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What Is Pinotage?
Pinotage is a red wine made from the grape of the same name—a cross between pinot noir and cinsault (also known as cinsaut) grapes. The pinotage grape variety grows best in upright bush vines, also known as “goblet vines,” a form of un-trellised vine training favored by many old-vine vineyards in particularly warm climates, in which growers maintain the main branch by only pruning the newer canes come winter. The result is a gnarly, bulky cordon in the shape of a thick goblet stem with the additional benefit of a leafy canopy, which prevents the grapes from absorbing too much sun.
What Is the History of Pinotage Grapes?
Pinotage grapes were first created in 1925 by a South African scientist named Abraham Izak Perold, Stellenbosch University’s first viticulture professor. Perold created a hybrid of the pinot noir grape and the cinsault grape (then known locally as “hermitage,” giving pinotage the latter half of its name).
When Perold left the university two years later to join the KWV, a winemaking cooperative, the experimental seeds he’d planted were left behind in his garden. They were rescued by a young lecturer, who brought them to the Elsenburg Agricultural College, where work progressed on the new cultivar.
In 1995, the Pinotage Association was founded in an effort to legitimize the flagship red varietal of South African winemaking on the world stage.
Where Are Pinotage Grapes Grown?
Pinotage was first cultivated in earnest in Stellenbosch, a productive wine region in South Africa’s Western Cape region, and is still mostly grown there. Pinotage is often used in blends with the area’s main grapes—cabernet sauvignon and shiraz. The grape variety is also found in many different formats, from rosé and sparkling reds. Pinotage can be drunk young, in a table wine, for example, or aged for a few years in the cellar.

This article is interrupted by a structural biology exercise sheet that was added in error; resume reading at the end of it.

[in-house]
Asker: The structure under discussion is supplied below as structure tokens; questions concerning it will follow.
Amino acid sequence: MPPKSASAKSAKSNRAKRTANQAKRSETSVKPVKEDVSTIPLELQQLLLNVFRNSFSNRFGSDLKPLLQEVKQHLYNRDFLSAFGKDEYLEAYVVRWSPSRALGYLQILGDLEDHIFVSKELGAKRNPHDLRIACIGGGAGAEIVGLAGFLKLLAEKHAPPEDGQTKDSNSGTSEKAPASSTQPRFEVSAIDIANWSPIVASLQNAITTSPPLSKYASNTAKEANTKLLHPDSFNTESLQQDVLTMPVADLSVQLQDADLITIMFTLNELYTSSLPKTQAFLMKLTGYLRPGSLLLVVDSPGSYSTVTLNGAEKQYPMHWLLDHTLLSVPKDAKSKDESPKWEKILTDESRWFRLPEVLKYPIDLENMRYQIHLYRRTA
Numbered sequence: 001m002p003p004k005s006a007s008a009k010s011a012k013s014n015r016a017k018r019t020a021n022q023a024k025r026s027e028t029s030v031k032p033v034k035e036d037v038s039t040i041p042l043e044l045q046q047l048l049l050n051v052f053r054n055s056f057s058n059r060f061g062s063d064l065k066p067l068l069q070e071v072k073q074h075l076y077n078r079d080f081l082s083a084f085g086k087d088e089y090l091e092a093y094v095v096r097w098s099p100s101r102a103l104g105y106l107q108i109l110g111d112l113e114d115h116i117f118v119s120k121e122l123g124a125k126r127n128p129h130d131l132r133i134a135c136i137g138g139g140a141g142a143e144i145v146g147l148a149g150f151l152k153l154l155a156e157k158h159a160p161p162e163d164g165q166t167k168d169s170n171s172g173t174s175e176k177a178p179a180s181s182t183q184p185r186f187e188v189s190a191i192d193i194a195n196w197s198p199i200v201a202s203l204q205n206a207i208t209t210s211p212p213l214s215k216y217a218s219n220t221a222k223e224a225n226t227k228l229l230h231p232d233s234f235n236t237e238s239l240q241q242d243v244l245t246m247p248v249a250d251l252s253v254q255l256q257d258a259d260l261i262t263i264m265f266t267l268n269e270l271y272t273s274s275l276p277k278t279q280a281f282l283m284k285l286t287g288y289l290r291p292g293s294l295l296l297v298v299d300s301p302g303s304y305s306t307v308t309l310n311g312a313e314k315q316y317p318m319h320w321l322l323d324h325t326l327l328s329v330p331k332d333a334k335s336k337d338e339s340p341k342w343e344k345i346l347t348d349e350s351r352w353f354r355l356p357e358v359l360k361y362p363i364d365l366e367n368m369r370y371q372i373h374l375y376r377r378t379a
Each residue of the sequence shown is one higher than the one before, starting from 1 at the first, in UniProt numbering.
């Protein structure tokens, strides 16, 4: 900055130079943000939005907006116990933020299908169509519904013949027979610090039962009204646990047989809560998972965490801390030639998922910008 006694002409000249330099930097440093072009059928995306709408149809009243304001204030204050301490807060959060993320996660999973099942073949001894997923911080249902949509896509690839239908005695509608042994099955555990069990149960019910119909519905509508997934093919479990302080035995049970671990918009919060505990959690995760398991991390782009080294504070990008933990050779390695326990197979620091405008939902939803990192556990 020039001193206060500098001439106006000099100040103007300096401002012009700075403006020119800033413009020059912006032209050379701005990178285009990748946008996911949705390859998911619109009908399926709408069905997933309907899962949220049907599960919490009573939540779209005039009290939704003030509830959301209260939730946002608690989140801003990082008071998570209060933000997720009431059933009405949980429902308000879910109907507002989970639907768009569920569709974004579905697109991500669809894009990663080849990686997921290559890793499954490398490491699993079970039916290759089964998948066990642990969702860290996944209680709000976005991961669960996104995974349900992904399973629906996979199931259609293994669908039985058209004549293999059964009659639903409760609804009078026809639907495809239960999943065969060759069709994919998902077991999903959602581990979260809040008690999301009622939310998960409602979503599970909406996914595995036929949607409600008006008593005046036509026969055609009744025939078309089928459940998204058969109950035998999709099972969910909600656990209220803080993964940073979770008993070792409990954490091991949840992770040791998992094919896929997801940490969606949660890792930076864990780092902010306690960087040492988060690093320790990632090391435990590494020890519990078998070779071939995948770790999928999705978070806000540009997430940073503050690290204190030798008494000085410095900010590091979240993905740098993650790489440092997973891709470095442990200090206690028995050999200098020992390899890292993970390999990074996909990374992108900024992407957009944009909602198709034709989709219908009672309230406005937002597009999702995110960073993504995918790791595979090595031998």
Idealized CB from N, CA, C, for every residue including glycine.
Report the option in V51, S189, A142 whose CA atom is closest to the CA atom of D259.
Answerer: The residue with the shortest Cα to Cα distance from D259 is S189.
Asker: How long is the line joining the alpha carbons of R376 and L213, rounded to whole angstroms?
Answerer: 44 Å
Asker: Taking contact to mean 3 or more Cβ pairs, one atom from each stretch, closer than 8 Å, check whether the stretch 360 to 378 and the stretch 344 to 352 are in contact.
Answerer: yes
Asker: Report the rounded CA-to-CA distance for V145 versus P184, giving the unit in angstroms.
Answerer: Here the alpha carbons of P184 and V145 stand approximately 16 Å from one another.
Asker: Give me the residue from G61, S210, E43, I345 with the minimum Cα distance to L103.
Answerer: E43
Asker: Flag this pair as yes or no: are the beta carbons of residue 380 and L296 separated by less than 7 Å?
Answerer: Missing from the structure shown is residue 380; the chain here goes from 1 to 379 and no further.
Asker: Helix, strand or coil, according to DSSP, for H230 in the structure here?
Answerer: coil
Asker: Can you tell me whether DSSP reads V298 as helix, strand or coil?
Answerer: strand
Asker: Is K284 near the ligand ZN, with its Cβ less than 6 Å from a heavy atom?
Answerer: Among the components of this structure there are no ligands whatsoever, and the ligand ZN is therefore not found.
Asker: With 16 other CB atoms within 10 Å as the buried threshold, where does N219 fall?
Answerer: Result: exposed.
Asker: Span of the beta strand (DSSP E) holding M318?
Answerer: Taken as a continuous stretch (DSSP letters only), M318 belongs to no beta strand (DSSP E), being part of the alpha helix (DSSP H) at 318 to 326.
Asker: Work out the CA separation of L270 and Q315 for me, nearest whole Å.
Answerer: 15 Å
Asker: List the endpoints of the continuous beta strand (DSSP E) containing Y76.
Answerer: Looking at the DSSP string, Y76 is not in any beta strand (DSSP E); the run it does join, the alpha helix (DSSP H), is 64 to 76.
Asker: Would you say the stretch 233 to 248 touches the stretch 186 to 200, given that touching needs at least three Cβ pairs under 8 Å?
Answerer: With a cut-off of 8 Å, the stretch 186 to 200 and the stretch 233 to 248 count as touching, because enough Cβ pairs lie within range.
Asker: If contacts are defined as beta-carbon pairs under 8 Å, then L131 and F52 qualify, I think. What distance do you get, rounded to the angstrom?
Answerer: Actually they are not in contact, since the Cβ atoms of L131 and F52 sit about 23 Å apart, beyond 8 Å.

Pinotage isn’t commonly grown for consumption in wine regions outside of South Africa. Some vintners in regions with similar, warm growing conditions, like parts of northern California, New Zealand’s North Island, and Israel, are now experimenting with the varietal.
What Does Pinotage Taste Like?
Pinotage, primarily known for its dark, ripe fruit flavors like blackberry, cherry, and fig, has a bold, sweet jammy flavor with a smoky, earthy finish.
Pinotage is a high-sugar, high-ABV, full-bodied grape with medium-high tannins. However, if the grapes soak up too much heat towards the end of their growing season, they can take on an unpleasant, acrid taste.
How to Pair Pinotage With Food
Pair South African pinotage with foods that echo its character:
- Roasted, smoky meats marinated in or served with dark, jammy fruits like plum.
- The sweet-spicy balance of some barbecue sauces is also a good match for the South African wine.
- Pinotage is quite full-bodied, but it does carry enough tannins and acidity to match up with anything distinctly savory, like pepperoni or sausage pizza, or a hearty wintertime braise.
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